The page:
Can a linguistic device of a language orient its speakers to a particular aspect of the world and result in increased sensitivity to that aspect? The question was examined with respect to the biological gender marker in English and the lack of it in Chinese. In Experiment 1, English and Chinese participants listened to stories and answered gender and non-gender related questions immediately after. It was found that, relative to the non-gender-related questions, the English participants were much faster and more accurate than the Chinese participants in answering the gender-related questions. In Experiment 2, English and Chinese participants were asked to determine which of two pictures matched the sentence shown immediately before. Relative to the non-gender-related sentences, the English participants were less slower and more accurate than the Chinese participants in responding to the gender-related sentences. The findings support the view that language can have an effect on information processing in human cognition.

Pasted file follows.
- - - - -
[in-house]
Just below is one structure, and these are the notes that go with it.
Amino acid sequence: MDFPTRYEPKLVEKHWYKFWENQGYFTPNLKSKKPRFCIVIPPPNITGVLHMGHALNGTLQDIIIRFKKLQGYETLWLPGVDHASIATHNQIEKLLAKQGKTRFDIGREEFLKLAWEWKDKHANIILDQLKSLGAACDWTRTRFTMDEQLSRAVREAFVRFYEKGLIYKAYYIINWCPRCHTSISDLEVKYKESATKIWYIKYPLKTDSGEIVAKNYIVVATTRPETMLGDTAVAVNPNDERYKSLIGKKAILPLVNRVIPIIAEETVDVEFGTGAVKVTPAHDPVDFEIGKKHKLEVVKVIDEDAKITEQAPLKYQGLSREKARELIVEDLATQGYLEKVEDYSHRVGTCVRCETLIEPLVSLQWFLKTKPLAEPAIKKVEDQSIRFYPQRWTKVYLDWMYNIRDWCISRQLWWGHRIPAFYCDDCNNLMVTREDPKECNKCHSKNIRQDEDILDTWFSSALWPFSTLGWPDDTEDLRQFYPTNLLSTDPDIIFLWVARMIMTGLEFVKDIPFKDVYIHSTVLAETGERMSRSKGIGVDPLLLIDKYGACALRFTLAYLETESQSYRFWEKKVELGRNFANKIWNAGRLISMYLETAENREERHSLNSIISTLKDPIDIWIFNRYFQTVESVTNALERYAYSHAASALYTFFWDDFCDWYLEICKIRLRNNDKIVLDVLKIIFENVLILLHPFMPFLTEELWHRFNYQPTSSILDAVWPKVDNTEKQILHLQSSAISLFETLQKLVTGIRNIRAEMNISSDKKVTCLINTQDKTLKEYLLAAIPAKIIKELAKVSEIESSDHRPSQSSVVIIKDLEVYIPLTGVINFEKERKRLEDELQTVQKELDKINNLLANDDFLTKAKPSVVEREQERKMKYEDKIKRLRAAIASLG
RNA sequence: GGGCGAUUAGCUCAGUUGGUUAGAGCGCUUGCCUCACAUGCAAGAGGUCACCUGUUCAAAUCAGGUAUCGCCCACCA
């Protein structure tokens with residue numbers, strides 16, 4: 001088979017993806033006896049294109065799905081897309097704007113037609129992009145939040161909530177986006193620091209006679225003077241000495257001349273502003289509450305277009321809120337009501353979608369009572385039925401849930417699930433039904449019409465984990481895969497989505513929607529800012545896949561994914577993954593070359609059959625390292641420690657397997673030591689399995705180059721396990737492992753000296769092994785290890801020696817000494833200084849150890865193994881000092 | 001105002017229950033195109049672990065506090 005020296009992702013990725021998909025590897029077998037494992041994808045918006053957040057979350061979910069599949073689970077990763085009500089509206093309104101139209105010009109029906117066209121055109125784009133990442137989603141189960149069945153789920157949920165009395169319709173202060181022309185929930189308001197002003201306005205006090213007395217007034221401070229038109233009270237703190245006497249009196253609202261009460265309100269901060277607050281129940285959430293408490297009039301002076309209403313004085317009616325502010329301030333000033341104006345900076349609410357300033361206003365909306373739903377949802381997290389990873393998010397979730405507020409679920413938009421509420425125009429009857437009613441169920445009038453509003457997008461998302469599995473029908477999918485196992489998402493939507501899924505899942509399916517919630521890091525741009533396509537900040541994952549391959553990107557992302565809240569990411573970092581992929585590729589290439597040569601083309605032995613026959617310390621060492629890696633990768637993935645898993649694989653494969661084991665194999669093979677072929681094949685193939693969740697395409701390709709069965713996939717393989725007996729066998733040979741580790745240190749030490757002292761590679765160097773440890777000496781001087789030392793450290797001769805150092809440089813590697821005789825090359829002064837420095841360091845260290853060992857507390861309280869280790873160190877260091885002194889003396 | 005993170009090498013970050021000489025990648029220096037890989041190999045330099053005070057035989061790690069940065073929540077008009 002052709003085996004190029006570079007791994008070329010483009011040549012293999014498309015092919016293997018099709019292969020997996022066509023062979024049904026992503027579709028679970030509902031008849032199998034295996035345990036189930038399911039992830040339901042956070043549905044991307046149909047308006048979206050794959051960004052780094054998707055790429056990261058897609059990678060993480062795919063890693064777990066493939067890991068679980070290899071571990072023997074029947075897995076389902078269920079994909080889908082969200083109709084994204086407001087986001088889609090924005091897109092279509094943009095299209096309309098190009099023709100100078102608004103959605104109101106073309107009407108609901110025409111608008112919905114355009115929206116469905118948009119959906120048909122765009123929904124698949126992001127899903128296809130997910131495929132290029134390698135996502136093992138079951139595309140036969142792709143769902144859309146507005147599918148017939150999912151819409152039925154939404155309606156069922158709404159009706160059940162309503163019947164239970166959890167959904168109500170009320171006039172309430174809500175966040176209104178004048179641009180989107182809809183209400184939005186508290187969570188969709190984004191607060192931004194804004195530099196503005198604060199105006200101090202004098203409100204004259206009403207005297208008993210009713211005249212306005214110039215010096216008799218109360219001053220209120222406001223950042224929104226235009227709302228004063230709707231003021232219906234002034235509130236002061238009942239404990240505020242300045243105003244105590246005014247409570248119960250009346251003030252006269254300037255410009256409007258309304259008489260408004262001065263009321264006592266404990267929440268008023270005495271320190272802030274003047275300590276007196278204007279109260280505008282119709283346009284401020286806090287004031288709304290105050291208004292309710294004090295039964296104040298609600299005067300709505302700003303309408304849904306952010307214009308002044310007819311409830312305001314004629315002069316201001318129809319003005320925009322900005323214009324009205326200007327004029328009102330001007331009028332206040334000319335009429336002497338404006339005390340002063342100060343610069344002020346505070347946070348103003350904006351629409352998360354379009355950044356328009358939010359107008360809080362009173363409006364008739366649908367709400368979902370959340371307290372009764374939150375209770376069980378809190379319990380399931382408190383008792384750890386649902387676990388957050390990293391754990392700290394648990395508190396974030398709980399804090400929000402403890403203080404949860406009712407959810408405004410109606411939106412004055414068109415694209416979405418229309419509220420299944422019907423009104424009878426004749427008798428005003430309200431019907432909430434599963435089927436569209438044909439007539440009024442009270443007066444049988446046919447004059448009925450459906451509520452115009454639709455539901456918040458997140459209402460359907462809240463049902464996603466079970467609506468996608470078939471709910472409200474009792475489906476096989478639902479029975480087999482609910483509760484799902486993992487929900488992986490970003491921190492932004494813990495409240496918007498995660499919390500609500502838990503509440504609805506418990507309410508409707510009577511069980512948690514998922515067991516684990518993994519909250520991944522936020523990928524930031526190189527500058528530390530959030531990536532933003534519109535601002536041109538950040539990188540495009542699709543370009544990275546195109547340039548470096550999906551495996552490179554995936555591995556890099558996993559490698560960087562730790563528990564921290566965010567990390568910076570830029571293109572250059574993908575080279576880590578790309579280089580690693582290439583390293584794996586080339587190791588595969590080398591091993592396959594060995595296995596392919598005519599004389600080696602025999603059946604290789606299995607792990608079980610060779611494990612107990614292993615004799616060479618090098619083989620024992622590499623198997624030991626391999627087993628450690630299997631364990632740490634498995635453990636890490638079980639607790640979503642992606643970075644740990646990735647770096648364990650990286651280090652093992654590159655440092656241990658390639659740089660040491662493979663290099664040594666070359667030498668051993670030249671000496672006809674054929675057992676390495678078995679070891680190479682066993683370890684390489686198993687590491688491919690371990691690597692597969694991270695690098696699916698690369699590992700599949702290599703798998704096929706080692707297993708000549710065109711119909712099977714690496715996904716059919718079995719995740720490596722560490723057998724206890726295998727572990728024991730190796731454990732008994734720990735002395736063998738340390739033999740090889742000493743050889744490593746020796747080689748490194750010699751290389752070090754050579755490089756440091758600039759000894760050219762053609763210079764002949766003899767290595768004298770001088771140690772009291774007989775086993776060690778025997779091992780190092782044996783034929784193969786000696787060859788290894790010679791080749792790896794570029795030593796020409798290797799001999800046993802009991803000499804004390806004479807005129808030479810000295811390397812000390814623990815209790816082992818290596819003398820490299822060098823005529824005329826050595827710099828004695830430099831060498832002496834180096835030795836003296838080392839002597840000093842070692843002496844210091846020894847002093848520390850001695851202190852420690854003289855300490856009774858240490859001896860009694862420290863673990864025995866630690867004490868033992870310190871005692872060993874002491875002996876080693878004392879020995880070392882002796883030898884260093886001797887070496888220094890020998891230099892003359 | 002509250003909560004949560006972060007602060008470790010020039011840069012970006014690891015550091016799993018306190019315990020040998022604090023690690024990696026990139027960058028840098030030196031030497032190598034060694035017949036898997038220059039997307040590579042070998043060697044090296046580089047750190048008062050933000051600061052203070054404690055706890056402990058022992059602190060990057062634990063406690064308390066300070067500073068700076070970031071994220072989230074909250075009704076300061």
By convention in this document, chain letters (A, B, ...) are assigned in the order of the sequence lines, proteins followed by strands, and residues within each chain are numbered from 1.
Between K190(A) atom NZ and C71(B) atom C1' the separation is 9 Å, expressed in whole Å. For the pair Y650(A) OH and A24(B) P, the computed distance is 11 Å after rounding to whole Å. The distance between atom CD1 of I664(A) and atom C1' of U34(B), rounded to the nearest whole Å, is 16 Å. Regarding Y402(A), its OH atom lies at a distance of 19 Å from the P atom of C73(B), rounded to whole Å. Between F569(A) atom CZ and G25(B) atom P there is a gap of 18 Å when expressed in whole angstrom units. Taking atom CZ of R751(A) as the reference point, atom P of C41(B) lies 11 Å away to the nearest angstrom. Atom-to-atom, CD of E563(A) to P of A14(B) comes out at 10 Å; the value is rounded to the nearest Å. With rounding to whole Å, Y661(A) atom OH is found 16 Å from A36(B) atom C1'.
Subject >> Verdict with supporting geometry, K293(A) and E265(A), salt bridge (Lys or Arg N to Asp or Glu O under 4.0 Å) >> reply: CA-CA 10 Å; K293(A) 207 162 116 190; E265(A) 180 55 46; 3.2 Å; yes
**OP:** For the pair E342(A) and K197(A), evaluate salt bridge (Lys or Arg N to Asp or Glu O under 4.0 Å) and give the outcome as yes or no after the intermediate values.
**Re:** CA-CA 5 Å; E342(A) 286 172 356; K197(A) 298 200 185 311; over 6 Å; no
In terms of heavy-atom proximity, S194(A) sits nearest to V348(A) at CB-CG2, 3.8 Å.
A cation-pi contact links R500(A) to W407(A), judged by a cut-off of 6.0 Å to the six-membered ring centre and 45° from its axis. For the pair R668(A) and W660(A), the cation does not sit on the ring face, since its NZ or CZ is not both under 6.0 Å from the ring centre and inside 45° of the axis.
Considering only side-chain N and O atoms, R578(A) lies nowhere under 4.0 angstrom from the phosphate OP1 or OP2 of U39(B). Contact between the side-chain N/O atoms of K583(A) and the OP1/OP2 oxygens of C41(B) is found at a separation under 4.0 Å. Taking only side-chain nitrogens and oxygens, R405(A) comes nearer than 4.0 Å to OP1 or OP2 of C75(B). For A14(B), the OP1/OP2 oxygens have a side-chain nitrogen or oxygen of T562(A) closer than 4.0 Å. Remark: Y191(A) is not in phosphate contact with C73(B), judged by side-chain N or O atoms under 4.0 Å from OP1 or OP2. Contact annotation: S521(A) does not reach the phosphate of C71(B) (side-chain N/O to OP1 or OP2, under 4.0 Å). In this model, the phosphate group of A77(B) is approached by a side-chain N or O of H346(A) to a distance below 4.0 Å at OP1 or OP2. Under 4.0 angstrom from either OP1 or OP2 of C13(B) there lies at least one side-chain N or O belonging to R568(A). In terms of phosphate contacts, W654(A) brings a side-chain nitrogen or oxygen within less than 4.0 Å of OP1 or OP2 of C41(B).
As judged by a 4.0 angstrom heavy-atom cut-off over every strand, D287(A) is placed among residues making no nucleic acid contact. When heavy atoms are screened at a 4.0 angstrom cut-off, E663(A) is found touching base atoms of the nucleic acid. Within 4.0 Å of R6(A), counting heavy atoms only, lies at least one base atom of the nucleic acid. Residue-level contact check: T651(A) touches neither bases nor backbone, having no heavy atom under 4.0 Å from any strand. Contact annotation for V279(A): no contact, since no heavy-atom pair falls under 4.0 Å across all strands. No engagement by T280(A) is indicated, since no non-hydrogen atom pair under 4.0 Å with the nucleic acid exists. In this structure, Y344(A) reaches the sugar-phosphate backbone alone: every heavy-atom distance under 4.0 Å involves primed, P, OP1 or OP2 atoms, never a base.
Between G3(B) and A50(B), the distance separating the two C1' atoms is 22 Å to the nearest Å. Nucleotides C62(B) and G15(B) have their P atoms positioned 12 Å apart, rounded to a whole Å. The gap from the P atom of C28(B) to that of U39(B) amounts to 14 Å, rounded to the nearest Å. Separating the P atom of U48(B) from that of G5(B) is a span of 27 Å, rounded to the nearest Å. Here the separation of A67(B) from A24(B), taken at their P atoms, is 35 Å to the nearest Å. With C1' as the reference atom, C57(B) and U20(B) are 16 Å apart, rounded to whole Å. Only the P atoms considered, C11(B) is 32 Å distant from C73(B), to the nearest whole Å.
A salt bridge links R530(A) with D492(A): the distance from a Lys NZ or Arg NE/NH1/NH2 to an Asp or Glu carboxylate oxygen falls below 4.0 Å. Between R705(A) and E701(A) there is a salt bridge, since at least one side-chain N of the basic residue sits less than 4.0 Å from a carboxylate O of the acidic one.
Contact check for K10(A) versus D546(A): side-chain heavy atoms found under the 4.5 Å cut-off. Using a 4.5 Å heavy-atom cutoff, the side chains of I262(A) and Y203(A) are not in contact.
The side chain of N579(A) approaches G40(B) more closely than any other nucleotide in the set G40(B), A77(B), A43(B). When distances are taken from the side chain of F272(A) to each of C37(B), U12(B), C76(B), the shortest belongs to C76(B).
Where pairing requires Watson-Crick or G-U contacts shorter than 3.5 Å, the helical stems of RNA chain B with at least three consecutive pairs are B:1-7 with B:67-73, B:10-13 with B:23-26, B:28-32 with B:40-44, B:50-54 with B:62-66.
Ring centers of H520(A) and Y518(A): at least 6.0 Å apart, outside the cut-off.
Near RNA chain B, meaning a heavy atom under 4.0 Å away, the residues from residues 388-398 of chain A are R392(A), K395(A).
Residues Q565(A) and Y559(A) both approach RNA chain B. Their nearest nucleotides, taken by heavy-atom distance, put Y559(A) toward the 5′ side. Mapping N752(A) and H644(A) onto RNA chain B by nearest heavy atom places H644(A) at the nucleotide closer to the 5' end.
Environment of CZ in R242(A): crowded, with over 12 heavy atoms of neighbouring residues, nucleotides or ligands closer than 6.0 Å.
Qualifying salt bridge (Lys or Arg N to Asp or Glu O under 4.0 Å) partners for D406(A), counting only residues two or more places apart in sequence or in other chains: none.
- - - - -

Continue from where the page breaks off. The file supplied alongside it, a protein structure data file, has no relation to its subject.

ASJC Scopus subject areas
- Language and Linguistics
- Experimental and Cognitive Psychology
- Linguistics and Language